The Conure, a small member of the parrot family and one of the most colorful bird in parrot family. Their nice personalities and their gorgeous coloring make them a favorite pet. Always playful and full of antics! They can be noisy, but are loved for their beauty and good dispositions there are a variety of conures, and most make excellent pets. They vary in coloring and size, the Nanday Conure, for example, is a larger conure with a black head and green body. For a smaller bird and a great pet, a conure is a great choice.
You can expect a healthy Conure to live around 15-35 years or even longer with good nutrition and care.
Monomorphic / Dimorphic Surgical or DNA sexing is usually necessary.
The Incubation Period:
They will lay usually In their natural environment, the Conure nests in a tree hollow. The female lays quite a large clutch of 3 to 6 eggs which are incubated for 21 to 27 days. The young leave the nest at six to eight weeks. The Chilean Conure has a smaller clutch and will lay between two to six eggs.
To breed Conure, you will need to acquire a true pair and identify the sex of your birds before you set them up. You can do this with DNA sexing. All breeding birds should be DNA sexed.
Seed, soaked or sprouted seed: We suggest seeds & soaked or sprouted seed for successful breeding.
Leafy live branches from non-toxic native trees and shrubs can be placed into the aviary for the birds to chew. When available, nectar filled flowers on the plants will be appreciated by the birds. Natural branches of various diameters, and placed at various angles, can be used for perches. Branches can be placed in a near vertical position and many of the birds will practice their acrobatic acts on these near vertical branches and ropes. These natural perches may be chewed by the birds and may need to be replaced regularly.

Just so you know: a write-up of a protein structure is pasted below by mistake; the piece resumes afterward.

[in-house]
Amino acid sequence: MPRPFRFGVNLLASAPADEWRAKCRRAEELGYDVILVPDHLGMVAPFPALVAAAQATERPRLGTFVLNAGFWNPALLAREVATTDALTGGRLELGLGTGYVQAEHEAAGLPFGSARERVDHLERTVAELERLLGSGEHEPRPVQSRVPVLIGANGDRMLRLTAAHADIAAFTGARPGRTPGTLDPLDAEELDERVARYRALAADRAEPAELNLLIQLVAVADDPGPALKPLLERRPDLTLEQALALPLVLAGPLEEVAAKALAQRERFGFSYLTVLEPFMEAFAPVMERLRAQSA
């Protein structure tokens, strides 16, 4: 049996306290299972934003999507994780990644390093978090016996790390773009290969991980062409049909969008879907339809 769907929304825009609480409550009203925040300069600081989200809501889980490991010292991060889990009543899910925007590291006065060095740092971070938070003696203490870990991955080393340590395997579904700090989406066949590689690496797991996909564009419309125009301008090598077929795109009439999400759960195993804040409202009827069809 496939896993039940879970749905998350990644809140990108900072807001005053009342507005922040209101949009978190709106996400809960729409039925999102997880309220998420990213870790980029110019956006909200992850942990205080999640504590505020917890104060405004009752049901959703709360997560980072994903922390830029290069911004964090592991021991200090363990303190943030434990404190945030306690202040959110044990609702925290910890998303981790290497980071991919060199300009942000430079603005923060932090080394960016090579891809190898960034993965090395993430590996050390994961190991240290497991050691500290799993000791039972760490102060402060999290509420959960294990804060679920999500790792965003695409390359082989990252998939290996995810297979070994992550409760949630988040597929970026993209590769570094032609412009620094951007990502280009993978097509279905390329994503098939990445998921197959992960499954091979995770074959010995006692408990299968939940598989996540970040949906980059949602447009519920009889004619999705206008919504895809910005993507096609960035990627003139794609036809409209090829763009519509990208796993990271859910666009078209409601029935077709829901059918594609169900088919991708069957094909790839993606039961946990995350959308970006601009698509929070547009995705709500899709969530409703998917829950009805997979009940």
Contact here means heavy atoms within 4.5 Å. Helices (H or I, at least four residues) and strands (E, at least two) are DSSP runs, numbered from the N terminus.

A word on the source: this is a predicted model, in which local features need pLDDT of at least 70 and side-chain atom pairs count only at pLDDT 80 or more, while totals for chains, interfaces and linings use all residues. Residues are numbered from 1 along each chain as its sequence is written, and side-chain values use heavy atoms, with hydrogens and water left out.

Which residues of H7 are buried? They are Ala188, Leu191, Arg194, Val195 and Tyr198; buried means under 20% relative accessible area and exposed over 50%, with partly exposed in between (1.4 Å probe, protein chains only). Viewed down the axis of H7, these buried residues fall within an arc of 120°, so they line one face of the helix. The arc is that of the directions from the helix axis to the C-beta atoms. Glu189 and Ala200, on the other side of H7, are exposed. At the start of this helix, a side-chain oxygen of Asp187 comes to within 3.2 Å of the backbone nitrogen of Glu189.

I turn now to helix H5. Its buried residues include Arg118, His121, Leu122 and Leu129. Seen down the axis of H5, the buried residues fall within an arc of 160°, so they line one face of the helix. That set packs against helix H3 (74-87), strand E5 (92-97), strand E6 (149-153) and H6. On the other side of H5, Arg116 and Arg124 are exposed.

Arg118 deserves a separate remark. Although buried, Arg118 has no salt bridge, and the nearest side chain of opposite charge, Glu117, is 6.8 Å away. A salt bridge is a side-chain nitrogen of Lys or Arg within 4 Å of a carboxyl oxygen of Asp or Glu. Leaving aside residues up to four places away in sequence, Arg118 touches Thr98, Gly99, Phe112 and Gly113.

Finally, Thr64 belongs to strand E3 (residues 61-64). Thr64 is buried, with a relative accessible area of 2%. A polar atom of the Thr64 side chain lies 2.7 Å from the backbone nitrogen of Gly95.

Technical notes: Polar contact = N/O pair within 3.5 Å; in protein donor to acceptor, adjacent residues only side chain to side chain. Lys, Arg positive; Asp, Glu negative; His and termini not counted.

Calcium supplements are available in liquid and powder form and added to the wet feed mixture, as required especially prior to breeding season. Veterinary advice should be obtained to ascertain if your birds require mineral and or vitamin supplements, and this includes calcium, as excess levels can be detrimental to a bird's health. Adding extra calcium to a bird's diet may be of little or no value unless the bird does daily flying or exercise. Calcium is usually absorbed in response to a physical demand such as exercise or lots of flying.
For a hen to absorb an adequate amount of calcium prior to breeding, it is preferable to give the breeding bird access to an aviary prior to the start of the breeding season. The aviary should give the birds the exercise required to obtain optimal fitness for a good breeding season.
Clean fresh water must be available at all times. Some birds bathe in the drinking water. Others like Asiatic parrots will not bathe in their drinking water so provision may have to be made for a second water bowl. There are a number of automatic and semi-automatic watering systems now on the market as well as "home made" systems that are used successfully both in outdoor aviaries and indoor rooms. When the dry mix is not mixed with water and is fed as a separate dry food, the birds will then drink from the water bowl and leave some of the food in the water. Regular thorough cleaning of the water bowl is essential.
Sunlight & Vitamin D:
With aviaries having fully covered roofs, care must be taken to ensure no deficiency occurs.
Mineral & vitamin supplements (including calcium):
Keep in mind with supplements, the correct dose rate you should get good results, but, if more than the prescribed dose is administered, it could be toxic or even fatal to the bird's and or the babies. Seek advice from a veterinarian before adding these items to a bird's diet.